Robot 6

Are Robinson and Henderson part of comic book history?

DC’s full solicitations for September came out yesterday, something Tom will no doubt talk about in his next Grumpy Old Fan column, but I wanted to draw attention to two comics in particular:

The Web #1

The Web #1

Written by Angela Robinson; co-feature written by John Rozum
Art by Roger Robinson & Hilary Barta;co-feature art by Tom Derenick & Bill Sienkiewicz
Cover by Stanley “Artgerm” Lau
Variant sketch cover by JG Jones
Spinning out of August’s “Red Circle” event from superstar writer J. Michael Straczynski comes the new ongoing adventures of the selfish rich-boy hero the Web, and the mysterious-undying Hangman. Writer/director Angela Robinson (D.E.B.S.) and artist Roger Robinson (BATMAN: GOTHAM KNIGHTS) spin the tales of The Web, a man who has only recently come to understand the burden of true heroism. He’s fighting crime on his own terms, and for his first mission he’s hunting down the men responsible for killing his brother!
Plus, the Hangman stars in his own co-feature with a touch of urban noir from writer John Rozum (DETECTIVE COMICS) and artists Tom Derenick and Bill Sienkiewicz, the team behind REIGN IN HELL! The Hangman haunts the streets of San Francisco and touches lives as he works to discover whether his powers are a blessing or a curse.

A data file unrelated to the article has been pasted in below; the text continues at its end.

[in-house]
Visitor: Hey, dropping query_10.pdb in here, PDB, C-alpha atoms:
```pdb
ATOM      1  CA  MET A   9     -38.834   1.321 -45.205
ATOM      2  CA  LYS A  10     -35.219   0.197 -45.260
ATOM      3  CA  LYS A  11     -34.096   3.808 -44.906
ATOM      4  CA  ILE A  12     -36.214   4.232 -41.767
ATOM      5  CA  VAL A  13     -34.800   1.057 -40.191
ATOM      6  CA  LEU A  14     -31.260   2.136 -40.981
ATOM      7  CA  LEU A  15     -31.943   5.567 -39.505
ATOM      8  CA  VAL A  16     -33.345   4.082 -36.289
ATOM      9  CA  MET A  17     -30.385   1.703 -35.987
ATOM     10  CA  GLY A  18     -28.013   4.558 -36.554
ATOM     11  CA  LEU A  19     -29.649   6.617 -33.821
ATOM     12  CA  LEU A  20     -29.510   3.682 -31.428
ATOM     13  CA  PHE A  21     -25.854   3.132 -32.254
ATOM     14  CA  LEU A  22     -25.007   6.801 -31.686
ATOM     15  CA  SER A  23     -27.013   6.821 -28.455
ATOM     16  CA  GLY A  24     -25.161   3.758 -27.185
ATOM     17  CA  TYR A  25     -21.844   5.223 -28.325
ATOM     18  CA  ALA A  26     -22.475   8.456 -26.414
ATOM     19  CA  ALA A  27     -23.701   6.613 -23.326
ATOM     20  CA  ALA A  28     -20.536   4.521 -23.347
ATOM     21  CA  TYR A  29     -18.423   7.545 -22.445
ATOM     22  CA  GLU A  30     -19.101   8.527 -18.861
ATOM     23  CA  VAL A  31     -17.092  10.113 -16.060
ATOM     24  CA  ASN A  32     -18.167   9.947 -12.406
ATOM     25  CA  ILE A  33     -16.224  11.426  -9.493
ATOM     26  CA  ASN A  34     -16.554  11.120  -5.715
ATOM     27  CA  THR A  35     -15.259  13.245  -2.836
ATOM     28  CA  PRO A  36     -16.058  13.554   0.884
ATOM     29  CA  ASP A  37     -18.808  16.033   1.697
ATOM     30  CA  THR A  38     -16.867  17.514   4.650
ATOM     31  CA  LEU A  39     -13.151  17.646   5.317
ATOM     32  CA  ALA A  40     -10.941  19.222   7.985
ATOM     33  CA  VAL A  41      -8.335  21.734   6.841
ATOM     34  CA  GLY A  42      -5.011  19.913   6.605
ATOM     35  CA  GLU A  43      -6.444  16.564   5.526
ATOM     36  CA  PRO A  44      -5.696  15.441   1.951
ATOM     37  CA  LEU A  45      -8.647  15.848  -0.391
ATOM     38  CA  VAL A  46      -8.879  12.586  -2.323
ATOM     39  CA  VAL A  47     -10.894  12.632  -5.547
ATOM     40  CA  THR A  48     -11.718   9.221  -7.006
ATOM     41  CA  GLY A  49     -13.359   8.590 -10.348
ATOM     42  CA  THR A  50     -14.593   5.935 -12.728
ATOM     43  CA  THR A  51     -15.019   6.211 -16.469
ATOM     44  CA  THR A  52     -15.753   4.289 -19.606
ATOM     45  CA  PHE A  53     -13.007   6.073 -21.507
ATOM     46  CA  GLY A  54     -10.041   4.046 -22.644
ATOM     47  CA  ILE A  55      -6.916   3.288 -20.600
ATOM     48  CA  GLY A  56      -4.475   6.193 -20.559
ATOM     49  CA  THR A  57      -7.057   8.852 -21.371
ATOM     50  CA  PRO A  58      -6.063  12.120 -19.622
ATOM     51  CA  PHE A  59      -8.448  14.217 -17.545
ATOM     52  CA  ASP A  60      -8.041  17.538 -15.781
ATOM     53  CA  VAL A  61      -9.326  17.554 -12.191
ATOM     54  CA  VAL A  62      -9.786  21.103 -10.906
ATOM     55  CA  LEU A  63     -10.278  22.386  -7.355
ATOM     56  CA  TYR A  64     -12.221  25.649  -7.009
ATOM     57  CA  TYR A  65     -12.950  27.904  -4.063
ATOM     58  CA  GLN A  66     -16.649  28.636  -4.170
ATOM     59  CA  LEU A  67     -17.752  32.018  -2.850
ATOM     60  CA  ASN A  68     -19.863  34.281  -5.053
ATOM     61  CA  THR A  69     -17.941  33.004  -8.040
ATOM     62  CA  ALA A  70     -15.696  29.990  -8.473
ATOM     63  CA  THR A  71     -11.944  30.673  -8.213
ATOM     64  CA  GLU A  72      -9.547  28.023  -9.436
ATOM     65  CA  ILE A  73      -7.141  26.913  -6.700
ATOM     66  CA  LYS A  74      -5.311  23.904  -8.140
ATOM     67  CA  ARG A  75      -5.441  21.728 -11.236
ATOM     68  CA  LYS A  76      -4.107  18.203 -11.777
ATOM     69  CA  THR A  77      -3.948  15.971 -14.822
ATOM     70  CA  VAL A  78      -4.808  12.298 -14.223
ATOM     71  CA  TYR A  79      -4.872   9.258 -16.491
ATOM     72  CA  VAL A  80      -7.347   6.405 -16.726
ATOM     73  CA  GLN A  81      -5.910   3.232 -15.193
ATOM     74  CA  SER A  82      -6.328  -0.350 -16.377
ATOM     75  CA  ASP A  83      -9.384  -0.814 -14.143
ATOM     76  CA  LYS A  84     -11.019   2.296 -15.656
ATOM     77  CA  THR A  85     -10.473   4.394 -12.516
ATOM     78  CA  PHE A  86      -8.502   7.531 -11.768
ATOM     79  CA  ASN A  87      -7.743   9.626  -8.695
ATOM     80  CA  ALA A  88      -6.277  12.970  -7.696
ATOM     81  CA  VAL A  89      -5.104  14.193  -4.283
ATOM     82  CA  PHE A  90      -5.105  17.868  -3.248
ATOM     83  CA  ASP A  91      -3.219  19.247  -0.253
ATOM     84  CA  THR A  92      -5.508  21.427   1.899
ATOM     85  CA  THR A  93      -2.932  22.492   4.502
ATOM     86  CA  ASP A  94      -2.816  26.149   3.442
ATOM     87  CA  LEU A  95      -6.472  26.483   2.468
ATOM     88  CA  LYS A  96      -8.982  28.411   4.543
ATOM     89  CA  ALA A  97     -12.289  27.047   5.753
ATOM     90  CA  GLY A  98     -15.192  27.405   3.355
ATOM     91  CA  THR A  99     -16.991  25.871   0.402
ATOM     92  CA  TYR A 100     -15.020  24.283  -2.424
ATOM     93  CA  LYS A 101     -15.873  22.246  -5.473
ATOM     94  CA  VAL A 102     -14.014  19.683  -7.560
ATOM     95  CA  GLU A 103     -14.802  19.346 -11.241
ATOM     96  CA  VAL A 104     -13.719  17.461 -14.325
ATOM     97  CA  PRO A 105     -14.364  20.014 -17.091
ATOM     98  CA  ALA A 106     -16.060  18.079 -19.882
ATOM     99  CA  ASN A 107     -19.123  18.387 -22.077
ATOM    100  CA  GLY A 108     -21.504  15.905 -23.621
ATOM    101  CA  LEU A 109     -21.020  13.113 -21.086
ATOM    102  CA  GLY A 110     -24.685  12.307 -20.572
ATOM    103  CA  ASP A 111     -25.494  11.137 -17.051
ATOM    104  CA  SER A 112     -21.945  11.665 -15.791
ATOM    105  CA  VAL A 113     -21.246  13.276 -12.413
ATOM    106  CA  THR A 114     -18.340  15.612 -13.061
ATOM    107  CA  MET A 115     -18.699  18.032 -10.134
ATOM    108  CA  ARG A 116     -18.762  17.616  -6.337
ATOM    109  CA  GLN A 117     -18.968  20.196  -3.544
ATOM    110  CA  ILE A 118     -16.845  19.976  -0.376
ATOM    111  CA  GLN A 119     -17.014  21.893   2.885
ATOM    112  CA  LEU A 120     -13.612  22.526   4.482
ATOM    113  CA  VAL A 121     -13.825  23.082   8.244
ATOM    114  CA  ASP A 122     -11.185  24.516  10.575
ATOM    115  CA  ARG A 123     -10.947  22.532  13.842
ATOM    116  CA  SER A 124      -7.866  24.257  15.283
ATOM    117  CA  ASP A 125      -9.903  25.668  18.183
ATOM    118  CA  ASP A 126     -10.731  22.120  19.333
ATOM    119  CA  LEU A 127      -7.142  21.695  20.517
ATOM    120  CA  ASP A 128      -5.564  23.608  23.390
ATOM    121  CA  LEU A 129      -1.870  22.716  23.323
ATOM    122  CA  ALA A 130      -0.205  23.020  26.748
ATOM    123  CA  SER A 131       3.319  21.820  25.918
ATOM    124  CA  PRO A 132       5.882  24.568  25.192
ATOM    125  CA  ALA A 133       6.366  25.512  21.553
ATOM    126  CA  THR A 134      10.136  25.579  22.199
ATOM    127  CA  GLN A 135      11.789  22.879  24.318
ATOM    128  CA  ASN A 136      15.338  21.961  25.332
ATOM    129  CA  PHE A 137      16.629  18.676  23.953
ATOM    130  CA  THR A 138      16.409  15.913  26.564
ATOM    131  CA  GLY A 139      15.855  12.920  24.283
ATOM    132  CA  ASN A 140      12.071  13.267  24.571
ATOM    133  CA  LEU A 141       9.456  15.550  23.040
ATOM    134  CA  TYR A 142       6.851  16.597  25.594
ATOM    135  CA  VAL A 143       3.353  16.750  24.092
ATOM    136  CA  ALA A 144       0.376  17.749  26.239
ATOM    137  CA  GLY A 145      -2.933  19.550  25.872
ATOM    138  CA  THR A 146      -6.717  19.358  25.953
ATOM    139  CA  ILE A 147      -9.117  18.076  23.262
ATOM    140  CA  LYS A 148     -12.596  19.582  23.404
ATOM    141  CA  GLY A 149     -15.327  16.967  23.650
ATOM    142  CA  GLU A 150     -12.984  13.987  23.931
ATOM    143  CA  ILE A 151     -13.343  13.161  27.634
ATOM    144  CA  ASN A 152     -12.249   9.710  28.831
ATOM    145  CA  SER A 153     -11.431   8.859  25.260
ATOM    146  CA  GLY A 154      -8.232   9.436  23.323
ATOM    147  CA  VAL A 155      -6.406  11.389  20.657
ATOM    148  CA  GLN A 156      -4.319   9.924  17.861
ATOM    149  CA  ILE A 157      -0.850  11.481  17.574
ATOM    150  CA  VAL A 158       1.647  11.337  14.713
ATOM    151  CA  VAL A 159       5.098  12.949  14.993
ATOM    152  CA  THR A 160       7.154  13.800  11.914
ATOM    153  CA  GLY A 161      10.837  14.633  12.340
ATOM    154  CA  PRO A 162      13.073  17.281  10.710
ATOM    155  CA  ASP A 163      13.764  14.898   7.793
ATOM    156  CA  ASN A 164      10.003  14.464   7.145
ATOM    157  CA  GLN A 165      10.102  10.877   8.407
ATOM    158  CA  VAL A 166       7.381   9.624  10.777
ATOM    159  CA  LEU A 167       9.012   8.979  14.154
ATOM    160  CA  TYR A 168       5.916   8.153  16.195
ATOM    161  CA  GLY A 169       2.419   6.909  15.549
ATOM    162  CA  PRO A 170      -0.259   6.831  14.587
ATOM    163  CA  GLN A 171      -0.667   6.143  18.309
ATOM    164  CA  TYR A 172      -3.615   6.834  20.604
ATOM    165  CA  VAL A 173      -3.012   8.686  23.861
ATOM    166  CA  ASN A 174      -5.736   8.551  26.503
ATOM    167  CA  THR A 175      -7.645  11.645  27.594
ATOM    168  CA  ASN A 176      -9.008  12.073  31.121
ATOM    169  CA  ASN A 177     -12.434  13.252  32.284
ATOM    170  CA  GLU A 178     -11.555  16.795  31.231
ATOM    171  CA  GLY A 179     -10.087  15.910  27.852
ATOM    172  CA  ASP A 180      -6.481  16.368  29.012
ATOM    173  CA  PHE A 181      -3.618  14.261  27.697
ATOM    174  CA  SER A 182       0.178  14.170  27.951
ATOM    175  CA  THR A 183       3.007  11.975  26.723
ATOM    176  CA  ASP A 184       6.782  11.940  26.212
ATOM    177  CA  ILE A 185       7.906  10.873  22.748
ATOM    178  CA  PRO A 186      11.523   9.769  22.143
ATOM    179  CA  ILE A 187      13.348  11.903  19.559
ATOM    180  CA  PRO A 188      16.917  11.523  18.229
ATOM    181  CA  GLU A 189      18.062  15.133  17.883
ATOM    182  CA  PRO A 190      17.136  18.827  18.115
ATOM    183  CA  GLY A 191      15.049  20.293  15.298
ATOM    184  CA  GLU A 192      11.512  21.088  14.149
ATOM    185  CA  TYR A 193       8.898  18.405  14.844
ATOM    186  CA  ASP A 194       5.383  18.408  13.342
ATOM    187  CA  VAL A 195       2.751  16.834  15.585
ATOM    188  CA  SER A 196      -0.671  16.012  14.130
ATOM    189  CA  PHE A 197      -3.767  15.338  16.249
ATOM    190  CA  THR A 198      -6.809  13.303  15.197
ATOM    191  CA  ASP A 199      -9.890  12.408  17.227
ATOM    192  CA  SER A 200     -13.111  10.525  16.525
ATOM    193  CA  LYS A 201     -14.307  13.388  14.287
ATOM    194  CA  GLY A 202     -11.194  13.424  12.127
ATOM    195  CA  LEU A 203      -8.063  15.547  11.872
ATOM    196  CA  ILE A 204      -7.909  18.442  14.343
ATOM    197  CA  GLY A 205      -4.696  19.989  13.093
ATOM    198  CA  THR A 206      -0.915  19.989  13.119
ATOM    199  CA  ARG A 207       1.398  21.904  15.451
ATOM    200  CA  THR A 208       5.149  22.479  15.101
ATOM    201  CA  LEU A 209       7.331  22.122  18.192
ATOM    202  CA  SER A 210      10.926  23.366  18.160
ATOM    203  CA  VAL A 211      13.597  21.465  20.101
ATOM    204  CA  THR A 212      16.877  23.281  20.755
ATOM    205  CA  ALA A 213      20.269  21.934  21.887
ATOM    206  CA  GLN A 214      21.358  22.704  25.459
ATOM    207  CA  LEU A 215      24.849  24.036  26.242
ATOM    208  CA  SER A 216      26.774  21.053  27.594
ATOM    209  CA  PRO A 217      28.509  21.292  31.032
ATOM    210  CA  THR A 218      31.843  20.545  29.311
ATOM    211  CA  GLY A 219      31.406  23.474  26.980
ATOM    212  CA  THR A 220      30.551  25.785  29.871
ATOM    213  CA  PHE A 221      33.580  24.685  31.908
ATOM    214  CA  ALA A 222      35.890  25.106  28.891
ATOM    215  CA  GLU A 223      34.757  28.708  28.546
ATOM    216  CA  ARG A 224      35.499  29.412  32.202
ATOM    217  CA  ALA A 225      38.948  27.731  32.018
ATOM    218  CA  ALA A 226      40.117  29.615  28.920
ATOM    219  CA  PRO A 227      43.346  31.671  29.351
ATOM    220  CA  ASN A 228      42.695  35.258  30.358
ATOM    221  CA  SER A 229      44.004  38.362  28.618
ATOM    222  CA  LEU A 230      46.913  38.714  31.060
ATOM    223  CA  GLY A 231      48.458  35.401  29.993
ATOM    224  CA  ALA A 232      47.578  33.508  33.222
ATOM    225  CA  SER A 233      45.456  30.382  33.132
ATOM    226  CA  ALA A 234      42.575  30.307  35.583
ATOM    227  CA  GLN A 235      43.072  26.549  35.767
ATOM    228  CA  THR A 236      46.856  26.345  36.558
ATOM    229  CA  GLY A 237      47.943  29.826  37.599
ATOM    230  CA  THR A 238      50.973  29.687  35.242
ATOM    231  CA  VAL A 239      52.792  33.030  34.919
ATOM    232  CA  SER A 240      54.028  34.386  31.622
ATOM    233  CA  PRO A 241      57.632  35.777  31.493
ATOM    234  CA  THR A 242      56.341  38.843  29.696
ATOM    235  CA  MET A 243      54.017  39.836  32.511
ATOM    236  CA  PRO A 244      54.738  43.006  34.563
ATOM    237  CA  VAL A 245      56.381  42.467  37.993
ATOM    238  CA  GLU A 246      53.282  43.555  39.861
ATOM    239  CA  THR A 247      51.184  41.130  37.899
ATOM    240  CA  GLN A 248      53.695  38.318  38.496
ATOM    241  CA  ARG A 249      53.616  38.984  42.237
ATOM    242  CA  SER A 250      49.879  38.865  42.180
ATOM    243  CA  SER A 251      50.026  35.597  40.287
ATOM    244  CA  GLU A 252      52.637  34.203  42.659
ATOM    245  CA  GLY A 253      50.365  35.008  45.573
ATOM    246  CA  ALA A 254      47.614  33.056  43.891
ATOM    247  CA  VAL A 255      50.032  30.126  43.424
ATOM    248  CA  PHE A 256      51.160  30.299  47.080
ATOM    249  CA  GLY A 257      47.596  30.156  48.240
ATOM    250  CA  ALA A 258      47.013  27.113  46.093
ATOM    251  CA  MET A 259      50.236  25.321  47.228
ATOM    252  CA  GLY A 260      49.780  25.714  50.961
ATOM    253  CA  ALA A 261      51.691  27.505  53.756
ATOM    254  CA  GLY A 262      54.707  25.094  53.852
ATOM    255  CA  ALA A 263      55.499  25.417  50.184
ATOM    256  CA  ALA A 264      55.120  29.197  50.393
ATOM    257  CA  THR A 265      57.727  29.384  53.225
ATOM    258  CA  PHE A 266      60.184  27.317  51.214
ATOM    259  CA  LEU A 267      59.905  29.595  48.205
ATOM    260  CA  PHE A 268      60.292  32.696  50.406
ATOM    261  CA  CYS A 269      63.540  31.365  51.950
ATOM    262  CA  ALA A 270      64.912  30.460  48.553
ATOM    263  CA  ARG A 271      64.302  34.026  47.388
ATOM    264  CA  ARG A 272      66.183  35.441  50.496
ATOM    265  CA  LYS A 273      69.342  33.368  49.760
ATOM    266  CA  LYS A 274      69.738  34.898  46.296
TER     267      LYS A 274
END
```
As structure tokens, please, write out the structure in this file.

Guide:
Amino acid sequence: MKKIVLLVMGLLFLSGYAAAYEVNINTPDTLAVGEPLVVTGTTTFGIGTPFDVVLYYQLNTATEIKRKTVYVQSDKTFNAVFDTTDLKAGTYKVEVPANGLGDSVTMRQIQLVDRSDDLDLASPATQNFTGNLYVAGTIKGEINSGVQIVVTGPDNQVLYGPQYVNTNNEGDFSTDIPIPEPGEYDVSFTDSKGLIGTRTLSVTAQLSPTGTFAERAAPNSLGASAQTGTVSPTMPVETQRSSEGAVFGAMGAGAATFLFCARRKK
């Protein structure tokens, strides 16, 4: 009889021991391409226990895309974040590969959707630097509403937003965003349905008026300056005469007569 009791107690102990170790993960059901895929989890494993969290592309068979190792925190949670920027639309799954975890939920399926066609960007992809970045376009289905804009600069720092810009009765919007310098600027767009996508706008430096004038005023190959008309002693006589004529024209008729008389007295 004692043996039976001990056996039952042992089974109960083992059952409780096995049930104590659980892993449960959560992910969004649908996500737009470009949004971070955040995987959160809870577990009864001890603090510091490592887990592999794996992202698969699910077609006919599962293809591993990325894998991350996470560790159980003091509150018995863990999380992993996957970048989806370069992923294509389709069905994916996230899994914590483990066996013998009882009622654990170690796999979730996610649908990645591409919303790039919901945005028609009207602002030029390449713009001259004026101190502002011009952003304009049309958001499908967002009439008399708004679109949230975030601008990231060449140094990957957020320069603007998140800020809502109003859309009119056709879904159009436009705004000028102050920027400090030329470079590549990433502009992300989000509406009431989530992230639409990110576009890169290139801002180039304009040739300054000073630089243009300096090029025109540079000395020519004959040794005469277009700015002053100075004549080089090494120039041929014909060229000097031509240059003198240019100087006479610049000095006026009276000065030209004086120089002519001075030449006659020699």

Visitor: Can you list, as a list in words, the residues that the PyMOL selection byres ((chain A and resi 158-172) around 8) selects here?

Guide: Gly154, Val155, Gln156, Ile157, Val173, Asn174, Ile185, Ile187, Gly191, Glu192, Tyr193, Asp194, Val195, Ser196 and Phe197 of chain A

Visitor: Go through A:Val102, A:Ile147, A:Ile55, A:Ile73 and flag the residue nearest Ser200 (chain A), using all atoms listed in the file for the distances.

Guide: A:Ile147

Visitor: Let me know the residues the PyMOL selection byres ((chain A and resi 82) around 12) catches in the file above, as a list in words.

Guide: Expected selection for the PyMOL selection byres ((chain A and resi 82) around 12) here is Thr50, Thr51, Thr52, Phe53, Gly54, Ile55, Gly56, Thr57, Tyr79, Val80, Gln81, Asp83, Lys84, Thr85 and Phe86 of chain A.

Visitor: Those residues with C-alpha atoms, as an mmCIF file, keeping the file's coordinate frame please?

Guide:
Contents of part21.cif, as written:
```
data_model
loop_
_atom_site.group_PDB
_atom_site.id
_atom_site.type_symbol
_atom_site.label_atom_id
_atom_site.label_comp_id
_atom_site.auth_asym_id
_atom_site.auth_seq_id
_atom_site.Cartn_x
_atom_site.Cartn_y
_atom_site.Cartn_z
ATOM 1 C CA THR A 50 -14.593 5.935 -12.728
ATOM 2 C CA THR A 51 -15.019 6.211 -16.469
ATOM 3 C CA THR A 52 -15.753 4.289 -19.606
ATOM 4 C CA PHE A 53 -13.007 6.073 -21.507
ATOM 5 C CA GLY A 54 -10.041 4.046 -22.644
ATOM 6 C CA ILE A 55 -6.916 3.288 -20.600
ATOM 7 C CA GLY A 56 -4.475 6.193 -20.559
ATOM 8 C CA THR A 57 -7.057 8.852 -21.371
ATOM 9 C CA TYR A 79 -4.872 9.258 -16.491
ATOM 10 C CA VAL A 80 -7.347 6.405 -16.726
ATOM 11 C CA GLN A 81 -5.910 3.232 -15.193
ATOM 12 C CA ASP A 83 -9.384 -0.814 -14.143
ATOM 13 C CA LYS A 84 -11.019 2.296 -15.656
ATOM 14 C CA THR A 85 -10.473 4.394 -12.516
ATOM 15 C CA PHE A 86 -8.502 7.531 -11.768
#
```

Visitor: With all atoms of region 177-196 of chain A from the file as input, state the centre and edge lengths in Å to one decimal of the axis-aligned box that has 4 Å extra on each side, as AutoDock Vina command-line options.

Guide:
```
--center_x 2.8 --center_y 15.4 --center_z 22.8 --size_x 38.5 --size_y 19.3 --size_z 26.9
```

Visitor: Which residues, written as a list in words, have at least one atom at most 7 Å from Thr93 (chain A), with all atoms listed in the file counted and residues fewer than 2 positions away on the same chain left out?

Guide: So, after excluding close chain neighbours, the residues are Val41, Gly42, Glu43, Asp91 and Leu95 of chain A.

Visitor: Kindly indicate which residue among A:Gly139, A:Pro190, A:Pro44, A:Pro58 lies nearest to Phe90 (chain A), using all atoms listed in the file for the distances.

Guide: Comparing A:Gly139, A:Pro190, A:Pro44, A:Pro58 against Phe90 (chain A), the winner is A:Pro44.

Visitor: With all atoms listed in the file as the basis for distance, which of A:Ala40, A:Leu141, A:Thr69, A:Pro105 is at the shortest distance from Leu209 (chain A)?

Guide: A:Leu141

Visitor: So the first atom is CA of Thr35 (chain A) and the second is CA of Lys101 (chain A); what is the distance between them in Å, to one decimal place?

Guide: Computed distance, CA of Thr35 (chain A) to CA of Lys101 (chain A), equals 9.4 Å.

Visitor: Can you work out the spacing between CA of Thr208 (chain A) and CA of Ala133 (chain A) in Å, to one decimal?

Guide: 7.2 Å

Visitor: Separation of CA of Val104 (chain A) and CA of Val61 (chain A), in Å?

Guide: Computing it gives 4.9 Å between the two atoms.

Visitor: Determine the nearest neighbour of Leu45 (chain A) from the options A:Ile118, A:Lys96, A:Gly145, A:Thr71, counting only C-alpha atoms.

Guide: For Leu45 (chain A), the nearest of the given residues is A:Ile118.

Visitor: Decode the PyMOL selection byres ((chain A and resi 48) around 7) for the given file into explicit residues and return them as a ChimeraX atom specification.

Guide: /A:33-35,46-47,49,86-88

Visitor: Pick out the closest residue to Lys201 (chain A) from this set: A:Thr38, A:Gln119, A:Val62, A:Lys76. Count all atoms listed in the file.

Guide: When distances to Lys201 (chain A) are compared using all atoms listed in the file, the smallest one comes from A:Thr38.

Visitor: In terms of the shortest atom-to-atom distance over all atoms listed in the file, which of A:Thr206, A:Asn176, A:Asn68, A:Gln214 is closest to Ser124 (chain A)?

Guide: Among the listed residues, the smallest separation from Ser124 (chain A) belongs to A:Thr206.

Retailers please note: This issue will ship with two covers. For every 10 copies of the Standard Edition (with a cover by Stanley “Artgerm” Lau), retailers may order one copy of the Variant Edition (with a sketch cover by JG Jones). See the Previews Order Form for more info.
On sale September 23 • 40 pg, FC, $3.99 US

Teen Titans #75

Teen Titans #75

Written by Felicia D. Henderson;
co-feature written by Sean McKeever
Art by Joe Bennett & Jack Jadson;
co-feature art by Yildiray Cinar & Júlio Ferreira
Cover by Joe Bennett & Jack Jadson Variant cover by Andy Clarke
Come celebrate our gala 75th issue with an all-star cast of Titans past and present! Joining this issue for the extravaganza is new ongoing writer Felicia D. Henderson, a co-executive producer on TV’s hit show Fringe! Don’t miss this start to a fresh new take on DC’s premier teen team! And in the Ravager co-feature, Rose lies nearly dead in the Arctic when a horrific discovery chills her even more! Retailers please note: This issue will ship with two covers. For every 25 copies of the Standard Edition (with a cover by Joe Bennett & Jack Jadson), retailers may order one copy of the Variant Edition (with a cover by Andy Clarke). Please see the Previews Order Form for more information.
On sale September 30 • 40 pg, FC, $3.99 US

So what do these two comics have in common? David Brothers points out that both of them are written by Black women.

Felicia D Henderson and Angela Robinson are both black women. Felicia Henderson, in particular, gets a whole gang of goodwill from me just because she wrote for Fresh Prince, Family Matters, and, to a lesser extent, Moesha,” Brothers wrote. “My question is– is this the first time Marvel or DC have employed two black female writers? Is it the first time they’ve employed one? Comics historians, do your duty.”